When we are too nice and fail to set appropriate boundaries, we may not mean to, but we hurt people. The only person who can be always available without getting crabby or tired is God. Don't try to do his job. You will fail every time and the other person will get hurt.


We Hurt Ourselves


There is nothing unbiblical about being wise with who you give yourself to. While in college, Sharon took a walk with a young man she wasn't attracted to, nor was she very comfortable with. She said yes because she didn't want to hurt his feelings by saying "no thanks". During their walk, he sexually assaulted her. Every day she deeply regrets that she was too nice.


It doesn't have to be a dangerous or suspicious situation for us to learn to simply say "no thank you, I can't," or "I don't want to." We all have limited resources of time, energy, and money. When we allow others to take from our resources without limits, it's like giving them unrestricted access to our checking account and then feeling angry when we're constantly overdrawn.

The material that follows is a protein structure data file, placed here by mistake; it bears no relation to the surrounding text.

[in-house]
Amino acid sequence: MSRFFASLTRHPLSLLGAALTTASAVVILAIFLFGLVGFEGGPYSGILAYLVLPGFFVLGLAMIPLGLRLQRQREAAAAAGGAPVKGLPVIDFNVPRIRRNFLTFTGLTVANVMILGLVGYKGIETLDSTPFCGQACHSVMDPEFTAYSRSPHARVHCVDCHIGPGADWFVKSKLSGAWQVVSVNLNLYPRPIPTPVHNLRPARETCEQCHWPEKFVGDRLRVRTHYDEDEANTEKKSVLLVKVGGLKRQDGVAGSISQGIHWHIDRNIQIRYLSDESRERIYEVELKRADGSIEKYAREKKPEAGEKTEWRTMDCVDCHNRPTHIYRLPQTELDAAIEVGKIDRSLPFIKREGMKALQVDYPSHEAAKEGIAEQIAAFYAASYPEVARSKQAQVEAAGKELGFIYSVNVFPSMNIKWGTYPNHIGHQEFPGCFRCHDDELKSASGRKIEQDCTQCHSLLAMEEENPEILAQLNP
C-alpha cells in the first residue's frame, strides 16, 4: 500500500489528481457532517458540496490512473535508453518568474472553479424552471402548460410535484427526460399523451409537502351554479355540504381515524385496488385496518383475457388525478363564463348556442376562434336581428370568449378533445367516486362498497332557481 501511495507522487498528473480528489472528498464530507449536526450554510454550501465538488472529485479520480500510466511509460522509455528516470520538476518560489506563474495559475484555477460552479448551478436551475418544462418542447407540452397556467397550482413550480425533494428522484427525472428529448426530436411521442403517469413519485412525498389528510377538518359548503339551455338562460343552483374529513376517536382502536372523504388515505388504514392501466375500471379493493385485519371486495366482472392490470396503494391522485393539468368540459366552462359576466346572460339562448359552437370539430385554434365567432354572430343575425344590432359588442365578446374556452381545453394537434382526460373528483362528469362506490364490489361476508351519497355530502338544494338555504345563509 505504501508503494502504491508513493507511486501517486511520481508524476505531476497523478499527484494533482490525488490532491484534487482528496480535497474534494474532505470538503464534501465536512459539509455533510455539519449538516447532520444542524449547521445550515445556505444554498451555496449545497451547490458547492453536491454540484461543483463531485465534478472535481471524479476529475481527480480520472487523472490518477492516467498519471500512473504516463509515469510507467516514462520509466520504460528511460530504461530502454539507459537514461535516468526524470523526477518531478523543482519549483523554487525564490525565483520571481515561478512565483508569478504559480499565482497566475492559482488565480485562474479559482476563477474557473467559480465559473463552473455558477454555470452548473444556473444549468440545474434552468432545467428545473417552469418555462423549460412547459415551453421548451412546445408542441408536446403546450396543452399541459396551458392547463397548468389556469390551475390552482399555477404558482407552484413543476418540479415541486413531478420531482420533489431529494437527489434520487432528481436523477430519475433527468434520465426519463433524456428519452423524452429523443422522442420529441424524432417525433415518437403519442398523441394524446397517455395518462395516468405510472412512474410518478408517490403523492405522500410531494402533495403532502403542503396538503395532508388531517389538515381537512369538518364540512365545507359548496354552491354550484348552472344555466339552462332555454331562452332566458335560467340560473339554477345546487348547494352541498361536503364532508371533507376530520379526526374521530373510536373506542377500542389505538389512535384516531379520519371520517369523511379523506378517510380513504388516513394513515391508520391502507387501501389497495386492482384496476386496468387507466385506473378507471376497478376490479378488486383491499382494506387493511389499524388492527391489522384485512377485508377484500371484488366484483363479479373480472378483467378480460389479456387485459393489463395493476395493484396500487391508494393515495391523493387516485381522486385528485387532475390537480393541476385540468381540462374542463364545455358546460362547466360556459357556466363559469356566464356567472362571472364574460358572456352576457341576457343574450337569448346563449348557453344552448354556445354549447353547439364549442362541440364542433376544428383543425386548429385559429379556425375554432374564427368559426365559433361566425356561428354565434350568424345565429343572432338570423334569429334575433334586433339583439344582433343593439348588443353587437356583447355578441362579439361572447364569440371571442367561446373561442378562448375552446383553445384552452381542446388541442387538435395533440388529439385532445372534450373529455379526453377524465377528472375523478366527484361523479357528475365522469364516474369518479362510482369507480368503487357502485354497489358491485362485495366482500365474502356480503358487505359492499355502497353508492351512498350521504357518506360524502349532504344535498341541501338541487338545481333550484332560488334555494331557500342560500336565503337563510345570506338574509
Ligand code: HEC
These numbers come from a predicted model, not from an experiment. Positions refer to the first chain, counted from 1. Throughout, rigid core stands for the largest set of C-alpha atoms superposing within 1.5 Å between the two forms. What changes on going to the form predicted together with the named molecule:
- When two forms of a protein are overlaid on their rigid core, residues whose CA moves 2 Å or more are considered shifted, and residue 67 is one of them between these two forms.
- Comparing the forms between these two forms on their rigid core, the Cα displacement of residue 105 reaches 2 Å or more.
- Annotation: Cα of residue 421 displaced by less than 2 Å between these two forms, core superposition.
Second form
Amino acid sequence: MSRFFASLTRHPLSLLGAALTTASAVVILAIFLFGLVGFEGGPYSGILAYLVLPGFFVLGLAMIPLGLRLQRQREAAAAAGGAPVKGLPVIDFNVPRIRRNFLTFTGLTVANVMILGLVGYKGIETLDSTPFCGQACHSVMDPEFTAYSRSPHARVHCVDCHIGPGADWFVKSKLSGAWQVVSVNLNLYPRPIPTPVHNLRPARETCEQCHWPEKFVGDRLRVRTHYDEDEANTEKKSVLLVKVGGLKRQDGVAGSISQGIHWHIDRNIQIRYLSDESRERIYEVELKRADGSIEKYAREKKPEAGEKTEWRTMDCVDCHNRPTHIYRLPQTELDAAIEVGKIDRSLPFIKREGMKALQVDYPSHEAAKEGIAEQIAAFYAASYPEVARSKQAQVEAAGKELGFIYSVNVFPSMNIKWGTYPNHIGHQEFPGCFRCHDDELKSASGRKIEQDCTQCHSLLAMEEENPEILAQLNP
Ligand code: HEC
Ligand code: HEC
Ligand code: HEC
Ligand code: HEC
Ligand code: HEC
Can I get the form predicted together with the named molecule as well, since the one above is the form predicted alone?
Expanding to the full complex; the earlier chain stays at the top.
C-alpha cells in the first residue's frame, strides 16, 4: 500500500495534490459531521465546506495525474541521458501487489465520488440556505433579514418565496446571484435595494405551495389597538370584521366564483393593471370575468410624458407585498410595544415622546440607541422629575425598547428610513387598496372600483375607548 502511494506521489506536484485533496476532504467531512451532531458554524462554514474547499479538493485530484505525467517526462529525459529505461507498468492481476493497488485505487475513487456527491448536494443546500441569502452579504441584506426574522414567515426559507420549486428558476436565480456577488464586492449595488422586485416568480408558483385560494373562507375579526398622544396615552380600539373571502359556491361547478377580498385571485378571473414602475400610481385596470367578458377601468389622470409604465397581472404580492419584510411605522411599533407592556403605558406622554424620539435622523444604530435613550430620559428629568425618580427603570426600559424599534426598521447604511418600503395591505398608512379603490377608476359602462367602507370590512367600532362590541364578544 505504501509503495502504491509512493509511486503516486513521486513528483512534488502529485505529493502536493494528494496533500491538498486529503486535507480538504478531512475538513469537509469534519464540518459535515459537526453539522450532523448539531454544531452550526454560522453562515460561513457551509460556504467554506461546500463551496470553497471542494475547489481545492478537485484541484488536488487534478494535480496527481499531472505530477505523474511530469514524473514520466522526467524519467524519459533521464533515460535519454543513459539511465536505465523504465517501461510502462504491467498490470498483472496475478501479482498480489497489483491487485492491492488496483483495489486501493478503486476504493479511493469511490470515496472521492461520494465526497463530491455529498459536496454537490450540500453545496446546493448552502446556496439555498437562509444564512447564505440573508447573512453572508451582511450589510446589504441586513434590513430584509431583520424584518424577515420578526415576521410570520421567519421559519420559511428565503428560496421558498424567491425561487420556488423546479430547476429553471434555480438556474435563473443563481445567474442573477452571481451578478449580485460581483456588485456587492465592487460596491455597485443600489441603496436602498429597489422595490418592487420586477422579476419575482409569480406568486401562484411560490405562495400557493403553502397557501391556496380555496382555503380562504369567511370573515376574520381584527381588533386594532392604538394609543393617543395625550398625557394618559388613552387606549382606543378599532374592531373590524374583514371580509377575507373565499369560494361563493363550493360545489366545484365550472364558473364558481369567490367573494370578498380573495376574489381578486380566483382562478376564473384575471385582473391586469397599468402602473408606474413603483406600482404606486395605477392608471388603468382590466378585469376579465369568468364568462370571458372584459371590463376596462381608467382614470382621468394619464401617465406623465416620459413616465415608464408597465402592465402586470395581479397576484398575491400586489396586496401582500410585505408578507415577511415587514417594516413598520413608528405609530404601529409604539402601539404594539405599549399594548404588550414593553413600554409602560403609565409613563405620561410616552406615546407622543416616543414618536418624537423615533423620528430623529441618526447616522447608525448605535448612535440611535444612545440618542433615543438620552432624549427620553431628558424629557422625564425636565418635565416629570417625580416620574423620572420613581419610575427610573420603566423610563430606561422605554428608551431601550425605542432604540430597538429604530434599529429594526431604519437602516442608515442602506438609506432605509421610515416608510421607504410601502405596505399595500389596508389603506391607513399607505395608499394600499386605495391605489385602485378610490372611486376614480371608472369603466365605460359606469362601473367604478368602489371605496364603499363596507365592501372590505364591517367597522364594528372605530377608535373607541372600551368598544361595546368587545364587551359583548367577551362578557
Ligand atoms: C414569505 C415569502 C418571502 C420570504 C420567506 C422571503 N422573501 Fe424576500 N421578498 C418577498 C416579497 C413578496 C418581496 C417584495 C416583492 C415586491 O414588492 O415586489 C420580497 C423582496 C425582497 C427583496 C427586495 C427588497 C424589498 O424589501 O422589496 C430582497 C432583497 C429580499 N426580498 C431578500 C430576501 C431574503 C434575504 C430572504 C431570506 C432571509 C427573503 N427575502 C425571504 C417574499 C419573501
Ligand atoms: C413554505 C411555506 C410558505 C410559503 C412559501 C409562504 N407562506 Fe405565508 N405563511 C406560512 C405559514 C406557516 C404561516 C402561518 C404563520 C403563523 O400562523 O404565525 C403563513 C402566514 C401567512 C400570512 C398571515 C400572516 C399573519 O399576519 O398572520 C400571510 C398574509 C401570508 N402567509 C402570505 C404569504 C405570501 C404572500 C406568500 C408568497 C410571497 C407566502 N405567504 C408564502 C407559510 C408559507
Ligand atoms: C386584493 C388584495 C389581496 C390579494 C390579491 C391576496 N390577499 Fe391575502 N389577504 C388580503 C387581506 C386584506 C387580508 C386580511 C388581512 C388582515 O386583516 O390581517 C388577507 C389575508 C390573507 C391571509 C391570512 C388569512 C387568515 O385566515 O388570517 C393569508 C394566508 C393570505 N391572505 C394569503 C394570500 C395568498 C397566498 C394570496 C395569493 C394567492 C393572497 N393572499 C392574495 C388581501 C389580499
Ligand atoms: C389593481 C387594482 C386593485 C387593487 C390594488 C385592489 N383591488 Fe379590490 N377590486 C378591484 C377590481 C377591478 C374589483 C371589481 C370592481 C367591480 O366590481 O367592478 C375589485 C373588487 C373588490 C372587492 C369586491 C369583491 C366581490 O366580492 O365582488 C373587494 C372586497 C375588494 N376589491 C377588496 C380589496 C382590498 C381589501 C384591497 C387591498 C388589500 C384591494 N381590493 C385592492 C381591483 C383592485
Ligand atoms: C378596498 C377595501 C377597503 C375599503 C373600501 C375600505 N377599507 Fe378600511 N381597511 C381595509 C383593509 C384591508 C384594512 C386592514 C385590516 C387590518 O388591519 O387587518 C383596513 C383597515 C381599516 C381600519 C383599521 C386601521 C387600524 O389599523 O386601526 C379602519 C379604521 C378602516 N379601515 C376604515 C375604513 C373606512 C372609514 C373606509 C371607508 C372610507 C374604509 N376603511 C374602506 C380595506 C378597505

If giving to someone hurts you, count the cost. Sometimes it's appropriate to sacrifice yourself for another, and other times it's foolish. Jesus tells a story about five women who refused to share their lamp oil with five others who did not bring enough for themselves. Instead of rebuking these women for being stingy, Jesus called them wise (Mathew 25:1-13).


We Miss God's Best


Each day there are endless things and people that clamor for our attention. Oswald Chambers reminds us that "the great enemy of the life of faith is the good that is not good enough." Don't allow other people to set your values, your schedule, or your priorities.


Many people asked Jesus to do things for them, but Jesus always looked for what God wanted first--even if it meant disappointing people. (See Mark 1:29-38 or John 11:1-6.) When we are too nice and passively accommodate others, we could very well miss God's best.


Finally, here are some steps to help you stop being too nice:


1.  Understand that nice isn't one of the fruits of the Spirit. Being kind doesn't mean you always say "yes." It means that you learn to say "no" kindly.


2.  Before you say "yes," stop and say, "Let me think about that. I'll get back to you." This will give you time to think through whether you're being too nice or if you really feel led to do it.